Clerk Robert King 'failed' Clydach and Mawr councils
Two reports have highlighted failings by a clerk at two Swansea Valley community councils.
The Wales Audit Office investigated finances at Clydach Community Council and Mawr Community Council, both of which have employed Robert King.
It said Mr King paid his own monthly salary early and overpaid himself at Clydach, and exposed Mawr council to the risk of financial penalties.
Mr King said he had done "nothing inappropriate".
One report examined accounts at Clydach from 2004-05 to 2009-10.
Mr King resigned as clerk in June 2010, although he remained in the post until April 2011.
The Audit Office said Mr King failed to keep proper accounting records, and "due to the poor record keeping of the former clerk, it is unclear as to whether all the income due to the council has been collected and banked".
It also said that "on a large number of occasions the former clerk drew his monthly salary before it was due to be paid.
"In 2005-06 this actually resulted in the former clerk making an overpayment to himself by drawing 13 months' salary.
"The former clerk in many instances also failed to pay the income tax and national insurance contributions to HM Revenue and Customs on time, exposing the council to risk of penalties and interest charges".
A report was also critical of the council, which it said had spent £14,676 unnecessarily because of "poor governance and administration".
Auditor Anthony Barrett made 11 recommendations to the council.
But Mr King, who left Clydach of his own choice because he had too much work, said the accounts were "always late" coming back from the auditors.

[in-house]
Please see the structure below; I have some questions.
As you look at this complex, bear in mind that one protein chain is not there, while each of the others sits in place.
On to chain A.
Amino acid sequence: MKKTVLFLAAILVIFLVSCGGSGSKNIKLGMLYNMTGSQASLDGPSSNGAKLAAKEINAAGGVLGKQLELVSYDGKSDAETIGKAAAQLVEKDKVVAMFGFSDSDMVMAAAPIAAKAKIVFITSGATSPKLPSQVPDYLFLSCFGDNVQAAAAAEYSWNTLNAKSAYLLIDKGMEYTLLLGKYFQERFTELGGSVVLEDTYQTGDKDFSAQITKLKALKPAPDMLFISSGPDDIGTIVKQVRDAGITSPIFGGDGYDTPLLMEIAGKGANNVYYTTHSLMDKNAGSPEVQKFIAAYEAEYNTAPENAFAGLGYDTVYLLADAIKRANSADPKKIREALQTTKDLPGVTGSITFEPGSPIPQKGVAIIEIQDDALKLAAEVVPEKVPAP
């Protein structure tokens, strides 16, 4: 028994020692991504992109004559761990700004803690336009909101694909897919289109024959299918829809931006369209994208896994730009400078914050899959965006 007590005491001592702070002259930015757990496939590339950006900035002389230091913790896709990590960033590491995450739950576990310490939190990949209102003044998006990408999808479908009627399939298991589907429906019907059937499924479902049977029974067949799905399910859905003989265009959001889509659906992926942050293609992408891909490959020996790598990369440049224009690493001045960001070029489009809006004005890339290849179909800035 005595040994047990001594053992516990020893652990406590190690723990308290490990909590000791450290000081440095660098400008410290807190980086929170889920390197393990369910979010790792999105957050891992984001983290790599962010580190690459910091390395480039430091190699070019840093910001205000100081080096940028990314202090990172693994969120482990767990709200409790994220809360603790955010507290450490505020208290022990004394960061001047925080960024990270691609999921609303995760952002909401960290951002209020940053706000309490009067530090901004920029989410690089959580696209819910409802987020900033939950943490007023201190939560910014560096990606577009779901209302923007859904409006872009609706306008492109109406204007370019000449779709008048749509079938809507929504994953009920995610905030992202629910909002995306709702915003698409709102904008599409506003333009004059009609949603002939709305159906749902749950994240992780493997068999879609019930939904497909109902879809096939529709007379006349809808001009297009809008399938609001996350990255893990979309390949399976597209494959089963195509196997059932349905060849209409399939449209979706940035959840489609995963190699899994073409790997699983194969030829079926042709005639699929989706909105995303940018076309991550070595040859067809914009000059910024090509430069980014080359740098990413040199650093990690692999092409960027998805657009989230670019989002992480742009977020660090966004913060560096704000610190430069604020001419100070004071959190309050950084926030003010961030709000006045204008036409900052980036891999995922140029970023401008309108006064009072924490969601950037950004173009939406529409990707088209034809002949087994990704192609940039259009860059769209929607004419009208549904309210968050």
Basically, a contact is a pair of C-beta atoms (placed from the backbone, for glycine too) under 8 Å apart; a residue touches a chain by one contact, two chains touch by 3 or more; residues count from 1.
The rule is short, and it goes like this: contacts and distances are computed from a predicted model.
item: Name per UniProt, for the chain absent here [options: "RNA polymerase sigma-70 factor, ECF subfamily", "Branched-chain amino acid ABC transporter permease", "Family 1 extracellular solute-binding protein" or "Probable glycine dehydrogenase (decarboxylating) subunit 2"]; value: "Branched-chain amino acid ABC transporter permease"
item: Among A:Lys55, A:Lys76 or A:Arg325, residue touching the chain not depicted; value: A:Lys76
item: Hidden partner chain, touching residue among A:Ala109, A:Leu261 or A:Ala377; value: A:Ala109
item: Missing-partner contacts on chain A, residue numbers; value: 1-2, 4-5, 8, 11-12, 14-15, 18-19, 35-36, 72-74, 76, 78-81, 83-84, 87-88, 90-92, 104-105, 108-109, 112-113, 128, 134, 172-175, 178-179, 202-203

"The Wales Audit Office had those accounts for three years and did nothing with them," he said.
"I couldn't get on and complete the work."
A separate report examined accounts at Mawr Community Council - where Mr King is still clerk - from 2005-06 to 2009-10.
The audit office said that "the clerk's poor administration of the council's payroll arrangements resulted in overpayments and other errors which have exposed the council to the risk of financial penalties".
Again, the report is critical of the council, and said it spent £10,500 unnecessarily due to "poor governance and administration".
But Mr Barrett said he was encouraged the council "is already taking action" to address the concerns raised.
Mr King - who described himself as a "fall guy" - added: "There may have been mistakes, but I have done nothing inappropriate."
"Mawr has always had an internal auditor, who has always checked the books.
"The internal auditor started to nag the audit office because we were sending accounts in and nothing was coming back.
"In the end, it transpired the lady who was supposed to to be looking at our files had emigrated, and nothing was being done."
Clydach Community Council thanked the audit office and said it would adopt its recommendations admitting it had been "naive in trusting established practices inherited from previous administrations".